Leadership FAQs asked by you, answered by the trainers.
We’ve put together our favourite leadership FAQs and provided in-depth answers. There is no perfect ‘leader’. Remember that we all have our quirks and in order to grow, we must learn from our mistakes. These q&a’s should work as a guide to make you more aware of leadership generally and it’s positive impact.
What is leadership?
Leadership is the ability to lead or drive a group, individual or team forward to a defined goal. Over time, the definition of leadership has evolved to include the individual characteristics of being a leader, such as; empathy, motivation, effective communication and creativity. Additionally, new forms of leadership have derived from the original definition, such as; empathetic leadership, post-heroic leadership, mindful leadership etc. At its core, leadership is a skill needed by managers to achieve a goal or objective.
Can leadership be taught or trained?
Leadership is a characteristic that can come naturally to some, whilst others need leadership training to help develop their skills. Innate leaders naturally are great orators. They are able to succinctly and effectively communicate business goals to their colleagues and inspire them to work more effectively.
For others training and practise may be required in order to grow their leadership skills. Training may come in the form of reading online content, coaching and practising what they’ve learned within their working environment. Additionally, there are leadership training courses for all levels that help to grow and refine your leadership skills.
As with anything, if you’re trying to grow or train your leadership skills, this is will take time and practise makes perfect. As a recommendation, practise one facet of leadership one week at a time. For example, communicating like a leader. Start by practising using words and terminology your leaders also use, and in a confident manner, to come across more authoritative within your team.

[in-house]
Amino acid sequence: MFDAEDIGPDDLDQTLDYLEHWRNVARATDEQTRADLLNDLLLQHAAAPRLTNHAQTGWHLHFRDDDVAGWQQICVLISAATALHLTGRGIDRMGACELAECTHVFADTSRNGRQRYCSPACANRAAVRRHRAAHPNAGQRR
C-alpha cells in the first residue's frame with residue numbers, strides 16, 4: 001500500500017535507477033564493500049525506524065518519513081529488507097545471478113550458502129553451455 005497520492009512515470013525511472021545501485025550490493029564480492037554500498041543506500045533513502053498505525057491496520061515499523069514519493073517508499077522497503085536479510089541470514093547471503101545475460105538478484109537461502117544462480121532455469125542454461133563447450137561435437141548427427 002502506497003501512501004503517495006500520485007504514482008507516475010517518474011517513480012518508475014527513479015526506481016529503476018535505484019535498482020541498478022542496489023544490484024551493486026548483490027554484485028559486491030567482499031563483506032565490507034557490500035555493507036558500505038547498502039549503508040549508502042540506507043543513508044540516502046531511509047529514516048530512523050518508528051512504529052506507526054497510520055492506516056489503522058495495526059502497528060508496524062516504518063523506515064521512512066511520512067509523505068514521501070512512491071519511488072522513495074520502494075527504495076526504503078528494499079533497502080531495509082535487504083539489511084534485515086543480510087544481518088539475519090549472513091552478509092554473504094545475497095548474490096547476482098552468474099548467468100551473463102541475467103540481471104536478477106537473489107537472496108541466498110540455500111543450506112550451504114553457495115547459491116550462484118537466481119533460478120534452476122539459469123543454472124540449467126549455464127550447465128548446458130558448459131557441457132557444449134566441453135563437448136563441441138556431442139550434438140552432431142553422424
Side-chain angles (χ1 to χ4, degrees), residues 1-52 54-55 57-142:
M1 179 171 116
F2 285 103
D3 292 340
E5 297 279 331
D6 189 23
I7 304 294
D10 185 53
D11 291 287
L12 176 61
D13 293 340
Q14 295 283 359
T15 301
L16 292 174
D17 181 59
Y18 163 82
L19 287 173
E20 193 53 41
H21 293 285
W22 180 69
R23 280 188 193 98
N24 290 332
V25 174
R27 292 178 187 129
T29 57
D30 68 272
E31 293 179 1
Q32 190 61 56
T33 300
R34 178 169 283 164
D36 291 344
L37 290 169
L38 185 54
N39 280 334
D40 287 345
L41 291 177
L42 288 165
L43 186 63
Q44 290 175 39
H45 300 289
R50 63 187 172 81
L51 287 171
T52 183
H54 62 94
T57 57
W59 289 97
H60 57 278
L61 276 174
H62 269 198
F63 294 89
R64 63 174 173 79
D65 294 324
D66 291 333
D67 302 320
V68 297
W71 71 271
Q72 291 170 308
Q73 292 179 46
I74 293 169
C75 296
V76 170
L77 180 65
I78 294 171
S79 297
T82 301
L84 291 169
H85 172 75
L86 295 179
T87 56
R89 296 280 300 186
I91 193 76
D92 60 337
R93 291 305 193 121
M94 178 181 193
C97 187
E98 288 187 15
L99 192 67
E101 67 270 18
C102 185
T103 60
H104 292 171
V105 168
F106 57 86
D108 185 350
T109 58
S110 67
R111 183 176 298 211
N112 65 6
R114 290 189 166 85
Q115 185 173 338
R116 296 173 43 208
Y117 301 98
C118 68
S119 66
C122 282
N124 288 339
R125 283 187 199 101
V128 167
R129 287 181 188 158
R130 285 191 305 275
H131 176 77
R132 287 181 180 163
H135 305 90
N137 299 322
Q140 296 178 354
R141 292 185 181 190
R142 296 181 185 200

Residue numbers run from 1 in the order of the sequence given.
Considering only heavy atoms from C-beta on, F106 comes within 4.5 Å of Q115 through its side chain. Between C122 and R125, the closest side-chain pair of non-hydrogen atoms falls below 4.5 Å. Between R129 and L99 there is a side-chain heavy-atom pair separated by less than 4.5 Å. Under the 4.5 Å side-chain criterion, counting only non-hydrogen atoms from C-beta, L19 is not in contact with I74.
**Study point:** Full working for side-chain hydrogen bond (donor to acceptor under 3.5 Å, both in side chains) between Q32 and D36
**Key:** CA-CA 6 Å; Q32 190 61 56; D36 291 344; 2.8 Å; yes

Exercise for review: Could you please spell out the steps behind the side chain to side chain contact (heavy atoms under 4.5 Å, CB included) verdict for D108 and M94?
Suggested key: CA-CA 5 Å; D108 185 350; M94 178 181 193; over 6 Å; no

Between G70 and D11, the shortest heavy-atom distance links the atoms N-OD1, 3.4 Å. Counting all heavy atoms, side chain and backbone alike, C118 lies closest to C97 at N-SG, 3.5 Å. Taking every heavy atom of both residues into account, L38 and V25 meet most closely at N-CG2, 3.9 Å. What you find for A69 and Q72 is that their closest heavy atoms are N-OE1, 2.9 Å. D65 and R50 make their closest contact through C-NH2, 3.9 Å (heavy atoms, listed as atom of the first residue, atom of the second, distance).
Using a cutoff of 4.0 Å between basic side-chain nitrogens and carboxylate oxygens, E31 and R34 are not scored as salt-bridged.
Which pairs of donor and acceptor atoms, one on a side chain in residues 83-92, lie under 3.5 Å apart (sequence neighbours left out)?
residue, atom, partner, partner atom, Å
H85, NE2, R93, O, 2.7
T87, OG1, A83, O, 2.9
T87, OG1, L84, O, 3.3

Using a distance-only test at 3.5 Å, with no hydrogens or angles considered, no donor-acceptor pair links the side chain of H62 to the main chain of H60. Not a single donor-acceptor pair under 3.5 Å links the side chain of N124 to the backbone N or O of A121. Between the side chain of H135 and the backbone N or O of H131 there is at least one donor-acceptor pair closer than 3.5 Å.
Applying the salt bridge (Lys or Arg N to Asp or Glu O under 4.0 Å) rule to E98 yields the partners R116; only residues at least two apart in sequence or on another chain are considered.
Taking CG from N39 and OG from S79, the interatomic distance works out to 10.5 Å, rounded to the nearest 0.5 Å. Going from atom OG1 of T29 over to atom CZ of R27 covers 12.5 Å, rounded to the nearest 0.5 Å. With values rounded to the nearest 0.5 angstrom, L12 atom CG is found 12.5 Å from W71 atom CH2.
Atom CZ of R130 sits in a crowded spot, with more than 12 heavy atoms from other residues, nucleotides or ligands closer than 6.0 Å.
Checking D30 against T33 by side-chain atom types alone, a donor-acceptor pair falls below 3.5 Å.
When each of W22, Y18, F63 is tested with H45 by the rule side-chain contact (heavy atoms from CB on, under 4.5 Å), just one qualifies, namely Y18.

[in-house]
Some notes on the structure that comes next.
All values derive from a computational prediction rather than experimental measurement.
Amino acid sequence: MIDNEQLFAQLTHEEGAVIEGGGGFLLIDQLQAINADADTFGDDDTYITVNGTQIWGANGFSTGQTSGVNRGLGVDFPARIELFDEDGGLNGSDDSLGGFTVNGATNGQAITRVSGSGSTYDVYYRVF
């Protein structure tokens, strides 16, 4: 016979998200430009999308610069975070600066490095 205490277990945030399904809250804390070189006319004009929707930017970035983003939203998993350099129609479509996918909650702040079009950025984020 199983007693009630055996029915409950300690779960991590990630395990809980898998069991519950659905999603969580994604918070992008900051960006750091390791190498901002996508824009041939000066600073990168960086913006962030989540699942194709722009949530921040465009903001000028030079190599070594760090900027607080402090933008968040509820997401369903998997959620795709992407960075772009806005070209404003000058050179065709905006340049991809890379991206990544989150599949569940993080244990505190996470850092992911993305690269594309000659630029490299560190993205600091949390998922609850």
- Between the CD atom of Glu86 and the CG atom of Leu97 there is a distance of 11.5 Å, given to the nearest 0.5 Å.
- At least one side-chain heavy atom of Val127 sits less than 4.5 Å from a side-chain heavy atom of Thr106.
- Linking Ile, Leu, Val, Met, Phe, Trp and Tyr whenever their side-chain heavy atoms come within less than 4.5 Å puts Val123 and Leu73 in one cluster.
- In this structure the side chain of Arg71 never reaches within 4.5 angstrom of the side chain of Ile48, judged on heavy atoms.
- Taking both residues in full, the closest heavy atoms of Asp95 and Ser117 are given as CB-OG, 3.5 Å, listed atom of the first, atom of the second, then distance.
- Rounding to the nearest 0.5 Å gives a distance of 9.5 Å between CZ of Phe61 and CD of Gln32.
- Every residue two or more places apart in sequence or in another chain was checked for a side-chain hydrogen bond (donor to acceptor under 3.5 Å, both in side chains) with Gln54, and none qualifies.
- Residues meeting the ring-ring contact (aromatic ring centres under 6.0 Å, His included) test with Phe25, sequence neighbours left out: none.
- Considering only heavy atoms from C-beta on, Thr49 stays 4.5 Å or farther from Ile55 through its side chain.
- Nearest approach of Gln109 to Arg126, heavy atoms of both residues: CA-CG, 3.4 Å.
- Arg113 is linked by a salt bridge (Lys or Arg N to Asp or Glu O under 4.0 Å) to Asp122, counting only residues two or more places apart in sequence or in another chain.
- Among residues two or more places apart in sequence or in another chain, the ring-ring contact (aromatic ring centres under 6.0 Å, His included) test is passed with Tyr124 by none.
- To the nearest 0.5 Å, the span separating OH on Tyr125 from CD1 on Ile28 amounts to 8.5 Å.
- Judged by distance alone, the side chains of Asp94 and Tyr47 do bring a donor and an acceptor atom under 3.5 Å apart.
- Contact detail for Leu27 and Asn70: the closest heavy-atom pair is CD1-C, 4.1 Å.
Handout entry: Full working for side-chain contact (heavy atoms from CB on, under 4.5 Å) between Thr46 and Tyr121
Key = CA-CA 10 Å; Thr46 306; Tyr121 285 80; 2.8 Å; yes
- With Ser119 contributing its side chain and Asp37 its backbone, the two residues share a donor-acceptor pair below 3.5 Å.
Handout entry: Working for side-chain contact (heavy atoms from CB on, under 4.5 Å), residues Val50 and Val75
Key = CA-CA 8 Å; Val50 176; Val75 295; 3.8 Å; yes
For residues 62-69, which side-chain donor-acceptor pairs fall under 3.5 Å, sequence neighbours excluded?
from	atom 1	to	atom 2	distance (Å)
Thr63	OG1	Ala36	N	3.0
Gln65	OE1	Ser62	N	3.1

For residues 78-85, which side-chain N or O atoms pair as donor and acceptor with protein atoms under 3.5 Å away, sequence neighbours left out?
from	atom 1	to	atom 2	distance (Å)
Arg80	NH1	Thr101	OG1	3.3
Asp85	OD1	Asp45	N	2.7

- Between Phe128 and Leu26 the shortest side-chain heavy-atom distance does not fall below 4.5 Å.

What are the four leadership styles?
There are four traditional leadership styles. The first three; Autocratic, democratic, and laissez-faire are the result of a research study in 1939, led by Kurt Lewin, which identified three common leadership styles. Later on, ‘paternalistic’ leadership was added as some leaders acted as a patriarch and treat their team like family.
Autocratic leadership is a style that is referred to as the McGregor ‘Theory X’ management style, where power and control are the main vices for managing people. Autocratic or ‘authoritative leaders’ see communication as a one-way channel, often micro-managing their teams using the archaic motivation 2.0 strategy in order to motivate their teams. These types of managers often have formal and strict systems and processes in place, leaving teams disengaged with their work.
Paternalistic leaders lead in a way similar to a parent with a child. Whilst they are still authoritative and show little delegation, their approach is much softer and this results in a much more engaged workplace. This leadership style often expects loyalty as a result of their consideration towards their team. This leadership style can often result in a work being delivered efficiently and effectively by members of the team.